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Jaguar Commemorates Its First Win at Le Mans with New C-Type Continuation

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The new Jaguar C-type Continuation.
Photo: Courtesy of Jaguar Classic.

It used to be that life was simple, long before the age of elaborate passwords and PIN codes. That was a time when a single letter was often sufficient to distinguish one car model from the next. For Jaguar competition cars, the alphabet started with C, followed by the all-conquering D-type and, in 1961, the E-type, its road-going successor that Enzo Ferrari claimed to be “the most beautiful car ever made.”

But spooling back a decade from the launch of the famous E-type, or XK-E as it was known Stateside, Jag’s C-type race car hit the track and proved victorious at the 24 Hours of Le Mans in 1951, scoring the first of seven outright wins at that endurance race for the marque, including another that followed only two years later. Commemorating the 70th anniversary of the model’s debut in 1951, Jaguar Land Rover Classic Works in Coventry, U.K., is adding a new, factory-built Classic Continuation of the C-type to its stable.

The new Jaguar C-type Continuation.

The new Jaguar C-type Continuation. 

Photo: Courtesy of Jaguar Classic.

A total of eight C-type Continuation cars will be built, in time for a celebratory event for owners that’s planned for 2022. What immediately distinguishes the C-type as a great design is the soft, rounded bodywork styled by Malcom Sayer, which looks fresh and purposeful even today. All eight contemporary examples will be configured to Le Mans–winning specification.

The C-type had a short life, being replaced by the D-type in 1954. During its three-year tenure, 53 examples were produced, 43 of which were sold to private owners. The latter were built to “production” spec, which limited output to 200 hp and twin SU carbs, as well as being equipped with drum brakes, similar to the 1951 works cars.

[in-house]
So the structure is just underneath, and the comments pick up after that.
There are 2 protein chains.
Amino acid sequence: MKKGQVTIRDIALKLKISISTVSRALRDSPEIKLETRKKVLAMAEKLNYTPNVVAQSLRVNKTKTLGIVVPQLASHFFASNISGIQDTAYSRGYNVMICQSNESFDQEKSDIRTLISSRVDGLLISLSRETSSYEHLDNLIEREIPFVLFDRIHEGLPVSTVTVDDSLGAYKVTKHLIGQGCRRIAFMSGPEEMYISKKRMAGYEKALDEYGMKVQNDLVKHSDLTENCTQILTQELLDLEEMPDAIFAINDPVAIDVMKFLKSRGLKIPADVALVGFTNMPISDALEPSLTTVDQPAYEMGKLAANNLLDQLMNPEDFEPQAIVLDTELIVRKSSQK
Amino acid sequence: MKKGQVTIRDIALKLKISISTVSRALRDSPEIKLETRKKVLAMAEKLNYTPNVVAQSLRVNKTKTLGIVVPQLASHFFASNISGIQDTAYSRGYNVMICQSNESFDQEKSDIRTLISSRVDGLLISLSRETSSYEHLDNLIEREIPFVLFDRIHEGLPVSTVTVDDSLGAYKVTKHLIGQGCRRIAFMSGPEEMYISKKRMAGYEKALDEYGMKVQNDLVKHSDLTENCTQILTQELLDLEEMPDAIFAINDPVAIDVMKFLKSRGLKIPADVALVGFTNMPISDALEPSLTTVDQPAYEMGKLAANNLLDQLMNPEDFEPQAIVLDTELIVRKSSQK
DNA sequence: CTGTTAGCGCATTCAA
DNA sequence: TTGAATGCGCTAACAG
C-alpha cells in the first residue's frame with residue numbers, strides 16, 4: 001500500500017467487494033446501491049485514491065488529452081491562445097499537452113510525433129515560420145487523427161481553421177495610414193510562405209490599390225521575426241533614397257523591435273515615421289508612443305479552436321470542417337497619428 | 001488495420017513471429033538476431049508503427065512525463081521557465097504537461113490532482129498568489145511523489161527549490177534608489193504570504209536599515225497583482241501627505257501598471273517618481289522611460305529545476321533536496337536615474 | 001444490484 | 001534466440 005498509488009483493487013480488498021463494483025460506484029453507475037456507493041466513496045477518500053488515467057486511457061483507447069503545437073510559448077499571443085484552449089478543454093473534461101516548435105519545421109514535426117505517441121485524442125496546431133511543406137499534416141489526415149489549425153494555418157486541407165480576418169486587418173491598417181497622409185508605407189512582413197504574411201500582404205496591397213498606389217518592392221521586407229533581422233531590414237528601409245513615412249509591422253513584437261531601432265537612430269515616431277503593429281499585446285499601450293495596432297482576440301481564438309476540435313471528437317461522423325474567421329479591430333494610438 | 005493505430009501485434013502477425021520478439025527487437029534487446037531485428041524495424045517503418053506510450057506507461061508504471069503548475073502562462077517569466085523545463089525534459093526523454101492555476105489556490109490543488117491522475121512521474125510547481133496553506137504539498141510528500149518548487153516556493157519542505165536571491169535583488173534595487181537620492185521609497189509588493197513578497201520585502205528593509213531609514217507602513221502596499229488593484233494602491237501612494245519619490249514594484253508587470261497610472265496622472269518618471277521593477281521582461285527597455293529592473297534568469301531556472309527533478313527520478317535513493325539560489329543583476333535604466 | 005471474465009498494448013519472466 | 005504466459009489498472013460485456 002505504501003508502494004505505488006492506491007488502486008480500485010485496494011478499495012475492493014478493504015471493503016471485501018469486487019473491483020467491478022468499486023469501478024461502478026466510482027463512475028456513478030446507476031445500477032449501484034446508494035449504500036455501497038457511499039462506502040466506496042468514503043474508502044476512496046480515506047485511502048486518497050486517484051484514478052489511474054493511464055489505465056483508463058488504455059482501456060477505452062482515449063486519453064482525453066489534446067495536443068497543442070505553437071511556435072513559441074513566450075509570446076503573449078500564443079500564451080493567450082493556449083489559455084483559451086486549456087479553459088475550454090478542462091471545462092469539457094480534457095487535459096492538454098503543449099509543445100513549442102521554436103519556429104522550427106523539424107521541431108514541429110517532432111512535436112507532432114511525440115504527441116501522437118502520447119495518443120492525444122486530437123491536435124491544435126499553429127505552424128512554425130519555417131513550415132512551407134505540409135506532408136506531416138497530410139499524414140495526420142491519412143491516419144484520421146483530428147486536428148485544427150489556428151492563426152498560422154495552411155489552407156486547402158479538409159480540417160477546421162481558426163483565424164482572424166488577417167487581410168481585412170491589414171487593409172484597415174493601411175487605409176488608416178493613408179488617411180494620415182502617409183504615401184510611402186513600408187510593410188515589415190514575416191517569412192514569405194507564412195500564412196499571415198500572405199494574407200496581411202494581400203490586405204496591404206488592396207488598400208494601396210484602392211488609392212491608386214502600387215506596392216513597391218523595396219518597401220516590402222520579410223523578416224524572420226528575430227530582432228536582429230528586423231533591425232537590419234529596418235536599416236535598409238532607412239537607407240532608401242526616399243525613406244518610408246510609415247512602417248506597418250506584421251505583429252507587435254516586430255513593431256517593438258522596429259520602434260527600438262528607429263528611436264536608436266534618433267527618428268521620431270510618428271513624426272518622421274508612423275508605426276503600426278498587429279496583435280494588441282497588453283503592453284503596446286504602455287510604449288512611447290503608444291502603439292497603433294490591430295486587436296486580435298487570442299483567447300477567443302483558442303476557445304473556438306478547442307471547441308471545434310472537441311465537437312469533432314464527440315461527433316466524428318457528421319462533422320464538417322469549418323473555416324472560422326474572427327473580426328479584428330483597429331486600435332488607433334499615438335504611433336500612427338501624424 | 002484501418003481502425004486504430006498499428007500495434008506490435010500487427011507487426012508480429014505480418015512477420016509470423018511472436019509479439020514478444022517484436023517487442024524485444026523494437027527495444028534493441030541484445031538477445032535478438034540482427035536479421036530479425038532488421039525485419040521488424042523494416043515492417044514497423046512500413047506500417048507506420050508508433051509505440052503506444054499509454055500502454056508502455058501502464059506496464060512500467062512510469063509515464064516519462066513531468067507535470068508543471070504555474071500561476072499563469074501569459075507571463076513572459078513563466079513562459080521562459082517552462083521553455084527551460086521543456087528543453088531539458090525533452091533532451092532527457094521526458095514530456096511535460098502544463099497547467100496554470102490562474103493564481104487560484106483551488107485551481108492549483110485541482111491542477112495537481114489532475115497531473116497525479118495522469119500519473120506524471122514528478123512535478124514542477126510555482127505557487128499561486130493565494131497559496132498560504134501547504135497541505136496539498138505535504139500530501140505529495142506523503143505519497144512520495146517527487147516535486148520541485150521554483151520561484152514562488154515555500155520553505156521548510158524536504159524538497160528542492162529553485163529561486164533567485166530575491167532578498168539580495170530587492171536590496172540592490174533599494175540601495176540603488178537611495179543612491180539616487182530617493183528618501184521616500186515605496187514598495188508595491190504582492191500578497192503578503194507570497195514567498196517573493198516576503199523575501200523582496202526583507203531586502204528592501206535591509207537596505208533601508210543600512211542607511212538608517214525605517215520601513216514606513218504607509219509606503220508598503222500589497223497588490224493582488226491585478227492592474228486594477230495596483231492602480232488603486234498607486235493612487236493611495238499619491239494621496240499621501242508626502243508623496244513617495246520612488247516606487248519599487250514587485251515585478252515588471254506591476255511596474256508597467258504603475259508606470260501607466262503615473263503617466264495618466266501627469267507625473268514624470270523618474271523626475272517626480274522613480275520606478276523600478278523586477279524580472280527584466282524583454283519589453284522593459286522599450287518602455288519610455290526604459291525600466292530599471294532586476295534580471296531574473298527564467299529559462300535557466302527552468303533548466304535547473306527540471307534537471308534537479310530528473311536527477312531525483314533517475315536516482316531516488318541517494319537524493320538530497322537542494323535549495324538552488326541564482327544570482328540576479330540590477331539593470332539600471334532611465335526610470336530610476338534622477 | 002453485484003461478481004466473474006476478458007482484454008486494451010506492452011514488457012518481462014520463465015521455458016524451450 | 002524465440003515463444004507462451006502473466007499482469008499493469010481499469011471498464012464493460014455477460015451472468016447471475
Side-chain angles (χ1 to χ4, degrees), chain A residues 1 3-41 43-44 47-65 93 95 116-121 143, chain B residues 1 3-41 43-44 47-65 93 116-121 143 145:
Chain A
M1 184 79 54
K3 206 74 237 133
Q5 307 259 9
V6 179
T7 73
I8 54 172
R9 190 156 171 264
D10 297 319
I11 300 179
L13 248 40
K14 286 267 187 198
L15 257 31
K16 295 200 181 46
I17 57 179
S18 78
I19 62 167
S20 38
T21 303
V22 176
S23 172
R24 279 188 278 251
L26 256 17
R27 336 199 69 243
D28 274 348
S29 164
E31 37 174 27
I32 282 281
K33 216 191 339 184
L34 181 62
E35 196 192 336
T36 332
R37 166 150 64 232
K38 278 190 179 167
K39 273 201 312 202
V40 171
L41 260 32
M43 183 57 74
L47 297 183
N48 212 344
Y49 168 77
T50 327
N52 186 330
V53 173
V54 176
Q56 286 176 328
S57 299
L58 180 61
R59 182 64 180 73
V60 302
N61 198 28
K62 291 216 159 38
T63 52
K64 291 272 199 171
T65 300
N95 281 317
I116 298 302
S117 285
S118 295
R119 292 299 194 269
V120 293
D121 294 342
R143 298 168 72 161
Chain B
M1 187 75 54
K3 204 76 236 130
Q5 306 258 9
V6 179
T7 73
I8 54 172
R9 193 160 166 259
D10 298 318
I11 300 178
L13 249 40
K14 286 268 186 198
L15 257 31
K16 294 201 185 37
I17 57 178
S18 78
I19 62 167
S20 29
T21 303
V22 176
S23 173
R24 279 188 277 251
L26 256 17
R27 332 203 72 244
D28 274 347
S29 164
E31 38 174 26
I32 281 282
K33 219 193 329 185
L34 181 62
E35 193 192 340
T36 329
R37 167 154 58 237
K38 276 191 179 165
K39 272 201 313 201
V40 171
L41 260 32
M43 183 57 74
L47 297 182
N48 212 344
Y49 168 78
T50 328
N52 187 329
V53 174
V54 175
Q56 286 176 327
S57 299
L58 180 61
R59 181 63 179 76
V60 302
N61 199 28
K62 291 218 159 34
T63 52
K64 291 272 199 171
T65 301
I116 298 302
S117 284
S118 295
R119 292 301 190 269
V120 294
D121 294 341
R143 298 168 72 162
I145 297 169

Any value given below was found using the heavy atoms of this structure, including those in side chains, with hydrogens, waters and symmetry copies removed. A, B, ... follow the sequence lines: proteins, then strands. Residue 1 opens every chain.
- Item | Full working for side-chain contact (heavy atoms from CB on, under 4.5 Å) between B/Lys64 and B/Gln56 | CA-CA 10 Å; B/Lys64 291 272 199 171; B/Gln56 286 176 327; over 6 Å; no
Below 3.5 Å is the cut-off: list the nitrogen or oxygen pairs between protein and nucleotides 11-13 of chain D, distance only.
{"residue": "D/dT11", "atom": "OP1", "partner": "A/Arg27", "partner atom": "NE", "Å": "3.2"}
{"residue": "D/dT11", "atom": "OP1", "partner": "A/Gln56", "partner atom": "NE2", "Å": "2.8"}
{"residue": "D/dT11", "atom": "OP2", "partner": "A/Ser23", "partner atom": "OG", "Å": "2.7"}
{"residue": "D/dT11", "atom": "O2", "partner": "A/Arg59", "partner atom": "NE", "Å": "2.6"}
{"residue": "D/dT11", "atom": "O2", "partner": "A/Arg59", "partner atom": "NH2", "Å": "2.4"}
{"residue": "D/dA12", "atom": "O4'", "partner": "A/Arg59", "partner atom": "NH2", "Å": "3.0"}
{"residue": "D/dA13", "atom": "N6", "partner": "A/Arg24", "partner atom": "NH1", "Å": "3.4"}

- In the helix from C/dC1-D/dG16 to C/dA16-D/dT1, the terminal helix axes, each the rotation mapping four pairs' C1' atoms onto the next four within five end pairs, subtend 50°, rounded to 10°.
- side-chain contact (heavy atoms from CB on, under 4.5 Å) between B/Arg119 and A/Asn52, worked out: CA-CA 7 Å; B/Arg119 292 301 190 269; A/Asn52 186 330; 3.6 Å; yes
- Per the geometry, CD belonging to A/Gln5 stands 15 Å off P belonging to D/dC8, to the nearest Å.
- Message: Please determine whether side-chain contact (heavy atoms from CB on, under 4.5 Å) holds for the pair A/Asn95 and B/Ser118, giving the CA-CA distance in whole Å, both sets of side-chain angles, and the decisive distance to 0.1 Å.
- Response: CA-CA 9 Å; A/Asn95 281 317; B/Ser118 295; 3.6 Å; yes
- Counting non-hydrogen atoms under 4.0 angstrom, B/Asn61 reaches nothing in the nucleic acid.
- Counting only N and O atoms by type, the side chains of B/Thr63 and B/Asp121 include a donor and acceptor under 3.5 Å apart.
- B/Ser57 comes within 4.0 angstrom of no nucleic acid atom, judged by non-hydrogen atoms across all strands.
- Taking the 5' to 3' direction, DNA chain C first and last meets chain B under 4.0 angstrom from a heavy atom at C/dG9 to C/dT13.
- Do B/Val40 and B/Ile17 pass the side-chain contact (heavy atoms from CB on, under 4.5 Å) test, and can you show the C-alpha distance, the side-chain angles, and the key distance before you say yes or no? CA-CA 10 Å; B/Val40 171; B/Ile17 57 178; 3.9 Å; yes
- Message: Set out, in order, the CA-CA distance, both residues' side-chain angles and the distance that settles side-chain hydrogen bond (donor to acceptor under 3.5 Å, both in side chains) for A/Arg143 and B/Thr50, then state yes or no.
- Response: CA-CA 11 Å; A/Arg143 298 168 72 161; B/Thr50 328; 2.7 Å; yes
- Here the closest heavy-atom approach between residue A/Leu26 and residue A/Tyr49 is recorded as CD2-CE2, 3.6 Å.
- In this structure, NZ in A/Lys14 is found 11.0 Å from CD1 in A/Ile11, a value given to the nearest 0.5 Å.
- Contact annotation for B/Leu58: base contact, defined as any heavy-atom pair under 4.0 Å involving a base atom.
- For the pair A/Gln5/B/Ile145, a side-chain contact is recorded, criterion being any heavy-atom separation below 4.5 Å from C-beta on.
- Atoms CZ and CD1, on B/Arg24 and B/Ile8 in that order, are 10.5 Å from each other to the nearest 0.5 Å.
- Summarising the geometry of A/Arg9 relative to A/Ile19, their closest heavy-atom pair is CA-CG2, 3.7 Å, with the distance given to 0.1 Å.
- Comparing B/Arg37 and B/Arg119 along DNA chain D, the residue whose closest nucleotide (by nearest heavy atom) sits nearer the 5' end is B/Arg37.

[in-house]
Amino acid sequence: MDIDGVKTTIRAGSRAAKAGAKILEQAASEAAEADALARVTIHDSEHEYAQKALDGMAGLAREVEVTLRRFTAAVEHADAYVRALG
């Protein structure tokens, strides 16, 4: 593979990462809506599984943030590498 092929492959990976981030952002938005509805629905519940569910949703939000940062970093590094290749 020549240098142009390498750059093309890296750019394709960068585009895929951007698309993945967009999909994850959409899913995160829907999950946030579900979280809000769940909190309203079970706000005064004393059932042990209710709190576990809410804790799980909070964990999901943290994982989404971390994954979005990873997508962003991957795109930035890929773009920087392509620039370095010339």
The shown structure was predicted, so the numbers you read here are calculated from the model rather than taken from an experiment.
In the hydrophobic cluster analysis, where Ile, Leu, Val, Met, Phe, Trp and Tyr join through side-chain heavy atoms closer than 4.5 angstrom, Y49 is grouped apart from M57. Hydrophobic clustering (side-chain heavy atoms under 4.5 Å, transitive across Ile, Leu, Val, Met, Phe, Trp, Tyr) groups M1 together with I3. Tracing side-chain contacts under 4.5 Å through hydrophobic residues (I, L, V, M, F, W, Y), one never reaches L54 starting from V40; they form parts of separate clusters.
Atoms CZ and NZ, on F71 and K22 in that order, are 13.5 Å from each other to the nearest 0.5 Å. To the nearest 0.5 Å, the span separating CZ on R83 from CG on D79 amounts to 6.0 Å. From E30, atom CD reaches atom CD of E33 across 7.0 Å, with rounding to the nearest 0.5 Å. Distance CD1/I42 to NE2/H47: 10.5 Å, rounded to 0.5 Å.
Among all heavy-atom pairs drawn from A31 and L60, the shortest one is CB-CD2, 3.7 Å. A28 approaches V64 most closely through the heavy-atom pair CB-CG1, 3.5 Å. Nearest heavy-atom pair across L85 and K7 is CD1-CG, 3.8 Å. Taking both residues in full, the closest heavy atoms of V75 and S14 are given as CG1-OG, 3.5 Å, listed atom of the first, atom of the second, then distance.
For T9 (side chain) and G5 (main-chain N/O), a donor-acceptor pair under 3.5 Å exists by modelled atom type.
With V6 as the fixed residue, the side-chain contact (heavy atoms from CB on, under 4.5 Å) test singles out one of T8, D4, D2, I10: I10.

Jaguar's works C-type racing team before the start of the 24 Hours of Le Mans in 1953.

Jaguar’s C-type racing team before the start of the 24 Hours of Le Mans in 1953. 

Photo: ©JDHT, courtesy of Jaguar Classic.

Now, though, for a short time, owners have an opportunity to spec a continuation of the factory racing version of the 1953 C-type. Exacting in their attention to detail, each will feature what amounted to a radical engineering advancement for the time—disc brakes developed by Jaguar (in conjunction with Dunlop) and introduced on the C-type in 1952.

The heart of every Jag racer from the era is its 3.4-liter, straight-six engine—among the greatest engines in history—which in 1953 works cars developed 220 hp, pumped full of life with triple Weber 40DCO3 carburetors. Because the vehicles are eligible for historic racing, owners can also specify an FIA-approved harness retention system.

The new Jaguar C-type Continuation.

The continuation of the 1953 C-type includes disc brakes and a 3.4-liter, straight-six engine that makes 220 hp. 

Photo: Courtesy of Jaguar Classic.

The C-types are the fourth model in the Jaguar Classic Continuation program, which has already produced short runs of the Lightweight E-type, XKSS and D-type models. The cars represent a merging of old-school artisanal skills and the latest computer aided design (CAD) technology, referencing scan data taken from original examples.

The new Jaguar C-type Continuation.

Drawings, records and scans of original examples help ensure an authentic re-creation. 

Photo: Courtesy of Jaguar Classic.

Archives containing drawings and records from the original development program ensure the accuracy of the continuations. But, for the C-type, customers can also have a bit of fun and take some artistic license using the online configurator that offers 12 exterior and eight interior color options as well as number roundels and badging—a chance to customize their own tribute to the model that gave Jaguar its first win at Le Mans.

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